Jeremy Mahr, Brent Tubbs, and Jackson Greene in All the Great Books (Abridged)

Do a quick Google search and you’ll find innumerable lists of the greatest books of all time. But if you aren’t quite as well read as you’d like, the Spotlight Theatre has a solution for you with their inaugural production of All the Great Books (Abridged).

Mostly scripted with room for a little improv, this winning production completely ignores the fourth wall, as the audience becomes a remedial-literature class with only 90 minutes to go before graduation. Quick! Learn all the world’s greatest books! With a syllabus of 85 to get through, the school coach (Jeremy Mahr), the professor (Brent Tubbs), and the student teacher (Jackson Green) guide you swiftly through synopsis after synopsis.

Tubbs is the true jack-of-all-trades of this show, not only acting in but directing the production, and also serving as the co-owner and operator of the Spotlight Theatre. Interestingly, Tubbs is a company member of the Reduced Shakespeare Company and previously toured with them in All the Great Books (Abridged). Tubbs’ deep familiarity with the material is evident – sometimes too much so. He occasionally had a tell as he anticipated an imminent laugh, and I knew there was a punchline coming. Luckily for him, though, he was usually right – as the June 2 performance proved, he is funny.

In his shorts and gym socks, Coach’s job was to keep things moving along, and I don’t know if it was because of his height or the ridiculousness of what he was asked to do at times, but Mahr positively commanded the stage. I am torn between his explanation of Little Women in the form of a sports play or his portrayal of Cyclops as my favorite moment of his, but Mahr was nevertheless hysterical, and clearly enjoying his time on stage.

Jeremy Mahr, Brent Tubbs, and Jackson Greene in All the Great Books (Abridged)

Jackson Green, whose role is listed as simply “Jackson,” is introduced to the audience as a student teacher – someone designed to be the patsy, but ultimately, he was an honest one. Jackson speaks to some of the important issues in great literature including gender, race, and banned books. But if you are at all worried that the show's subject matter is going to be heavy, the physical comedy will drag you back to lighthearted reality. Why is it funny to see men in wigs and skirts? I don’t know. But nine out of 10 audience members clearly agree it’s a crowd pleaser, and it’s made only funnier by the rattiness of the wigs. (And this production offers an abundance of them courtesy of props and costume duo Kailey Ackermann and Sara Tubbs.)

The main trio works well together, running on- and off-stage as they make their way through the plots of books scattered willy-nilly. I confess, as an avid reader and book lover, I cringed when a handful of books is thrown through the air landing every which way, spines cracking and pages bending. But this production also features cameo appearances by stage manager Helene Devine and technical director Kyle Schneider, who handled both the pre-show announcements and intermission’s midterm exam. The production’s cast felt like a little family – which is apropos, given that the Spotlight is a family-run theatre.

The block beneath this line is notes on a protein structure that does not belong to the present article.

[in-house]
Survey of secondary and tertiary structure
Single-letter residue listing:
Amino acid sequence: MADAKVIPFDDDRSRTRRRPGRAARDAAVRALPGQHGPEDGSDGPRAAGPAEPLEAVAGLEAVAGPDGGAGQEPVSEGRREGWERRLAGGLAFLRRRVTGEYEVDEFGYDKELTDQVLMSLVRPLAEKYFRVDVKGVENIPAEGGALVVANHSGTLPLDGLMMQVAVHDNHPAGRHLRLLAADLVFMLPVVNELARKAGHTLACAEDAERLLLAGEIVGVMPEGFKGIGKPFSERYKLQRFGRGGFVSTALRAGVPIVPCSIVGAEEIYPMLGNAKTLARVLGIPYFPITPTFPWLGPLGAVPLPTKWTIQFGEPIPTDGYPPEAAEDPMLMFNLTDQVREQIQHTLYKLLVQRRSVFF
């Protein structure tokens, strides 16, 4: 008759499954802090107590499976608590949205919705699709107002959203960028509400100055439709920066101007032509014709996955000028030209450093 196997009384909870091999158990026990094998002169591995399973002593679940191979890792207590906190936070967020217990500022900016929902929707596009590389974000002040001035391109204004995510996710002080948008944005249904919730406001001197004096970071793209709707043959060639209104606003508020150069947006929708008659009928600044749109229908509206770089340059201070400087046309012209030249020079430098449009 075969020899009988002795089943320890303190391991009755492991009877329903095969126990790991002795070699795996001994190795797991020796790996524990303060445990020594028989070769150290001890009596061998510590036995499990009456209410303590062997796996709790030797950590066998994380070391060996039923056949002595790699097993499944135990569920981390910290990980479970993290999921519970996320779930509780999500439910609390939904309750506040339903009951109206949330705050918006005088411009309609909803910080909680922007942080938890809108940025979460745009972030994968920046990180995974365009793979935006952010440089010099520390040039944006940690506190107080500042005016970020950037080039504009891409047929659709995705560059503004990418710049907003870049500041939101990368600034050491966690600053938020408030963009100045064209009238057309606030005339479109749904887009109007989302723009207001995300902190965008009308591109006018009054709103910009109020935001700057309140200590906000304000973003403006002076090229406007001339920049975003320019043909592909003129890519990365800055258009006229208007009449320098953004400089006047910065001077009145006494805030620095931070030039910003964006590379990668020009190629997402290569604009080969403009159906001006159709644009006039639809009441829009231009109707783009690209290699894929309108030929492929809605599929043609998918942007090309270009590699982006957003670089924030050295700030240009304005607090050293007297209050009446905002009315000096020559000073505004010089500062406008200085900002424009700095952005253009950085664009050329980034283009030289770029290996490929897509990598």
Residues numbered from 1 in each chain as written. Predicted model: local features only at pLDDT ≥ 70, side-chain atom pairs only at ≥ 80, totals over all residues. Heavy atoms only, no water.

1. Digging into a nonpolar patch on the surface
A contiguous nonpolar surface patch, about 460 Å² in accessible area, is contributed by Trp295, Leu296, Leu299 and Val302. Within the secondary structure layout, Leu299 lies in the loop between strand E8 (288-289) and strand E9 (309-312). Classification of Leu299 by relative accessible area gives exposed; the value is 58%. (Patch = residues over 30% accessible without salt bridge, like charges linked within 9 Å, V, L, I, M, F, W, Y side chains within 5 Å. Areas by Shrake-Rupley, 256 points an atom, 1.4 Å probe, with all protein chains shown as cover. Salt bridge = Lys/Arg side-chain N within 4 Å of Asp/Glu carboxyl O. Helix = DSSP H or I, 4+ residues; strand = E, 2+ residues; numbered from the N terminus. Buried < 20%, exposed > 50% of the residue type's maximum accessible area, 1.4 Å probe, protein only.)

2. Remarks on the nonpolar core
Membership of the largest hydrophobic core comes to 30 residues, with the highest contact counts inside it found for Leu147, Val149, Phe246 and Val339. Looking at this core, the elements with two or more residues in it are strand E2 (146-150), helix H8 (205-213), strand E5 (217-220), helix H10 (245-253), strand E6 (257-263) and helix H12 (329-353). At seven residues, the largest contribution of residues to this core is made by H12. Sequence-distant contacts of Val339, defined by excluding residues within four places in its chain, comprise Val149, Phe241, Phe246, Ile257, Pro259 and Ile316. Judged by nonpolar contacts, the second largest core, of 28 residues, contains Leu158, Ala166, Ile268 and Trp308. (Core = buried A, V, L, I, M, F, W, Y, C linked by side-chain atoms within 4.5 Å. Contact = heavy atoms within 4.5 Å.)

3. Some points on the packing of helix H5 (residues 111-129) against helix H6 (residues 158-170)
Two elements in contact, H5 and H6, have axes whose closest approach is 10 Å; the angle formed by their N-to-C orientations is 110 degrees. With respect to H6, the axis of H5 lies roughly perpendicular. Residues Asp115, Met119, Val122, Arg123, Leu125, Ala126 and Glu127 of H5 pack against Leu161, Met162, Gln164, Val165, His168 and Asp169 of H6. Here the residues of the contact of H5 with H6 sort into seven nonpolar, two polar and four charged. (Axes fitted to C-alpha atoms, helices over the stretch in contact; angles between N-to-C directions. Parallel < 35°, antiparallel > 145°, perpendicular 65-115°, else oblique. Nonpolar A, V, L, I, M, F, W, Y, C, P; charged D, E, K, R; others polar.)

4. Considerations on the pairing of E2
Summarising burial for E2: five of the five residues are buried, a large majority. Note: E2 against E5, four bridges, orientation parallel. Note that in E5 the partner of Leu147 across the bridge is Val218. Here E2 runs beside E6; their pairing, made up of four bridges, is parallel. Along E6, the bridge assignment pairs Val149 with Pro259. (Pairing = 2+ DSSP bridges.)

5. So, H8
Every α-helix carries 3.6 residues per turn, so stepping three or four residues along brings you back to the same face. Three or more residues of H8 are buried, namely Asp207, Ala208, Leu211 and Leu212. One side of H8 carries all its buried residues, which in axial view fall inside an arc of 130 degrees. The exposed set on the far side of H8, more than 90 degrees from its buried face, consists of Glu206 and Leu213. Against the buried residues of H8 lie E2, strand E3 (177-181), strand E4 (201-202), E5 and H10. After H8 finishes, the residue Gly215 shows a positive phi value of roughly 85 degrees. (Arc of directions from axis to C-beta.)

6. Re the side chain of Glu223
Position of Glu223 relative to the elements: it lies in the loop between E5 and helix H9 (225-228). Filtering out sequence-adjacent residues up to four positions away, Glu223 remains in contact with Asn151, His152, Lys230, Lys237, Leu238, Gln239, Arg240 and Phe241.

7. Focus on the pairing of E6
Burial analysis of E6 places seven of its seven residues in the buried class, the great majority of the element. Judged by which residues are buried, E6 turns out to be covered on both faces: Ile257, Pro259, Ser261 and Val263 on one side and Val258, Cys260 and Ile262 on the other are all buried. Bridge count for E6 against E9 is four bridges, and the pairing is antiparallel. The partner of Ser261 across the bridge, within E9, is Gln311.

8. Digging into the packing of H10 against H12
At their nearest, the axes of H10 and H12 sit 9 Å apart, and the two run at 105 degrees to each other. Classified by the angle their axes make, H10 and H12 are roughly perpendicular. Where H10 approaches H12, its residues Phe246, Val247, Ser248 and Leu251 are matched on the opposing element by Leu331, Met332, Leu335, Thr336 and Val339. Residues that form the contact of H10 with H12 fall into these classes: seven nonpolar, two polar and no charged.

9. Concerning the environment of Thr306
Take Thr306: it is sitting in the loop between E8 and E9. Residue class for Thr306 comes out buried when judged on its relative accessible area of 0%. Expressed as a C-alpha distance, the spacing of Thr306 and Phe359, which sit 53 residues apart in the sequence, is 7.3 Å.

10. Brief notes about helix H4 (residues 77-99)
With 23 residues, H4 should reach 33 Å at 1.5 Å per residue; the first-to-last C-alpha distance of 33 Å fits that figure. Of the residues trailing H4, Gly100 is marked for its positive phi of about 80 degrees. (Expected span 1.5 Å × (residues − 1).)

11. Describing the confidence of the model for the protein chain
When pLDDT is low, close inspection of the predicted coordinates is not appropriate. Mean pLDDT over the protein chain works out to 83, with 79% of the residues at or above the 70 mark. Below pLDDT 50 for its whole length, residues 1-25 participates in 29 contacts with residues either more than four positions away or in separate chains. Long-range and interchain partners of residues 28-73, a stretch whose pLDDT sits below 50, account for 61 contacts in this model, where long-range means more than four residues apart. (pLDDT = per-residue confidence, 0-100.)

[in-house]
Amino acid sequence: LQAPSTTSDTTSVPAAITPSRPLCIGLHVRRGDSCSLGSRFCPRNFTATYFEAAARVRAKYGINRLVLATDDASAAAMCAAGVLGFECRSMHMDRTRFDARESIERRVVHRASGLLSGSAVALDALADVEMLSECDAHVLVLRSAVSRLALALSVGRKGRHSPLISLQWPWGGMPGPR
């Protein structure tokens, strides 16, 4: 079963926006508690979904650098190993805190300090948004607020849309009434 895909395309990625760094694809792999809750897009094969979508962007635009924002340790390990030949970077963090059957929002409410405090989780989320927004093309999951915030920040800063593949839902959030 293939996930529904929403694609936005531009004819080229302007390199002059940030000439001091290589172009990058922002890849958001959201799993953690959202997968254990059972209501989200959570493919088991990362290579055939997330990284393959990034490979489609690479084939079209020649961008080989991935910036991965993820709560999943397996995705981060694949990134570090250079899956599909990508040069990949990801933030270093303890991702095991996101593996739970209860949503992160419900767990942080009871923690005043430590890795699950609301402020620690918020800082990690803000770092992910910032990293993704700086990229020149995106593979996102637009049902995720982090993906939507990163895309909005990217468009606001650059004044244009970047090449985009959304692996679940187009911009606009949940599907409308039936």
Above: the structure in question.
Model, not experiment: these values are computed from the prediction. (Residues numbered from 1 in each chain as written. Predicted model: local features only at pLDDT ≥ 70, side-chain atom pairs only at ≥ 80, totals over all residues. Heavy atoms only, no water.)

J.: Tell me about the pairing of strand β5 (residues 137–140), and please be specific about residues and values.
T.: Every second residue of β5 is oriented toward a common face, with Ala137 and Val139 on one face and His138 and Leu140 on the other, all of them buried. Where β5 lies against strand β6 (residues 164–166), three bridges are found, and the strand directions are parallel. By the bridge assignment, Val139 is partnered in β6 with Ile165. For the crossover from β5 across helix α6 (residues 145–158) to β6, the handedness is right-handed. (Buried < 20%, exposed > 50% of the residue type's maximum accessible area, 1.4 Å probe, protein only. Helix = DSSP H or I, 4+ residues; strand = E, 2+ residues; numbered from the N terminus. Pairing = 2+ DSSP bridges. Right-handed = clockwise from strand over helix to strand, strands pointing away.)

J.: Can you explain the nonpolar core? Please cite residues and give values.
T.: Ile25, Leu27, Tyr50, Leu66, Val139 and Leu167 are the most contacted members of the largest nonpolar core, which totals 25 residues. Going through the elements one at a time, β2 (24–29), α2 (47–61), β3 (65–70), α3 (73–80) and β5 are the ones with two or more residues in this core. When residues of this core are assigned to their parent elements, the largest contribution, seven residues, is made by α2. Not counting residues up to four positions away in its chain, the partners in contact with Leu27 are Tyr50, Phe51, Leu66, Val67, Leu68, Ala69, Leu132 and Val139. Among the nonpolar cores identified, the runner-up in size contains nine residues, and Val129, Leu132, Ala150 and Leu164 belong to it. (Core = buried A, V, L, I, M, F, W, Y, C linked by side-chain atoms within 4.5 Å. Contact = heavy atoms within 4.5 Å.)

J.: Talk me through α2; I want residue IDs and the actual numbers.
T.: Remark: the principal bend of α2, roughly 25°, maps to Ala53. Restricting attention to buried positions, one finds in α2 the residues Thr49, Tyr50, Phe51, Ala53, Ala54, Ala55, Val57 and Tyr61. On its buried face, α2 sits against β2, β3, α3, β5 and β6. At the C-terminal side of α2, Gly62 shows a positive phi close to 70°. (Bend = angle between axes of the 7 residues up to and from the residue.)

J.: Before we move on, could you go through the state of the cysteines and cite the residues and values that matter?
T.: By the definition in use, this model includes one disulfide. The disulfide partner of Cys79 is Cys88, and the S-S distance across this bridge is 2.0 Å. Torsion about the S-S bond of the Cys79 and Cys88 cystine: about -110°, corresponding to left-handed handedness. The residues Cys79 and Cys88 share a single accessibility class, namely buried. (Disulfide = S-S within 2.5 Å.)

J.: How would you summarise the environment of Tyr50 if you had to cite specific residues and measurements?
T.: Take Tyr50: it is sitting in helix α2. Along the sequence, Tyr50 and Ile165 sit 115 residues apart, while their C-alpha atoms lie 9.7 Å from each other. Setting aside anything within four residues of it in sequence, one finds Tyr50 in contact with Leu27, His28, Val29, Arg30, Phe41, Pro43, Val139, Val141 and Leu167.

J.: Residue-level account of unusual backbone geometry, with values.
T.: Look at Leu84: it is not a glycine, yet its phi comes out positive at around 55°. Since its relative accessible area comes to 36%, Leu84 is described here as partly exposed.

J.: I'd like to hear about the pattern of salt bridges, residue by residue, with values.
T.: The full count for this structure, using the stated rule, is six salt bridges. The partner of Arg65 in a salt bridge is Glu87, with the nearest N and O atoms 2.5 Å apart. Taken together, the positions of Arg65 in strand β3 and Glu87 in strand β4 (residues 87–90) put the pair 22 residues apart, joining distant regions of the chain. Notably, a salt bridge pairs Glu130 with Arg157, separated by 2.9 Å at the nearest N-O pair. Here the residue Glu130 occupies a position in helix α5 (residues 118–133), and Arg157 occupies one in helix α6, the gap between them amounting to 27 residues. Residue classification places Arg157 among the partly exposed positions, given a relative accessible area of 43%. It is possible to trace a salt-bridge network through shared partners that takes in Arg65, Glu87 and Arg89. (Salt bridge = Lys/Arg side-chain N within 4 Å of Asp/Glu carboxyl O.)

The audience, by the way, deserves mention as the play's collective, uncredited final character. As this comedy by Reed Martin and Austin Tichenor is part improv, audience participation becomes mandatory. (Given the general-admission seating, I advise you to choose your seat wisely.) Improv is not always my favorite thing, but sometimes you’ve got to lean into the fun, say yes, and watch the magic unfold.

Brent Tubbs, Jackson Greene, and Jeremy Mahr in All the Great Books (Abridged)

All the Great Books' second half felt more rushed than its first, but there were a lot of books that still needed to be covered, and the energy in the theatre became almost frenzied as both actors and audience got carried away cramming in the remaining stories. But sure enough, by the time the school bell rings, Tubbs, Mahr, and Greene are out of breath and books to talk about.

As a brand-new venue, I was surprised the Spotlight Theatre had no functional air conditioning. But we were offered free bottles of water, and truth be told, the venue was a little stuffy but not uncomfortable. (There’s also a bar in the lobby, and you can take your drink right on in with you if you’d like.) The theatre itself is gorgeous, and was especially well lit for this production by Schneider, who is also the man behind the awesome '70s and '80s rock during pre-show and intermission. From the music to the upbeat nature of the staff (ushers included) it was clear that everyone wanted to be there and have fun, which is exactly what this production delivered.

With the show faster and more entertaining than CliffsNotes, I’m not sure the major takeaway would be actual literary knowledge – but gosh, it was sure fun to try to guess the books before they said their titles. And while the comedy is a little brash and sophomoric at times, there really is something for everyone in All the Great Books (Abridged). If the Spotlight Theatre delivers a show like this every time out, its got something very special to offer the Quad Cities.


All the Great Books (Abridged) runs at the Spotlight Theatre (1800 Seventh Avenue, Moline) through June 10, and more information and tickets are available by calling (309)912-7647 or visiting

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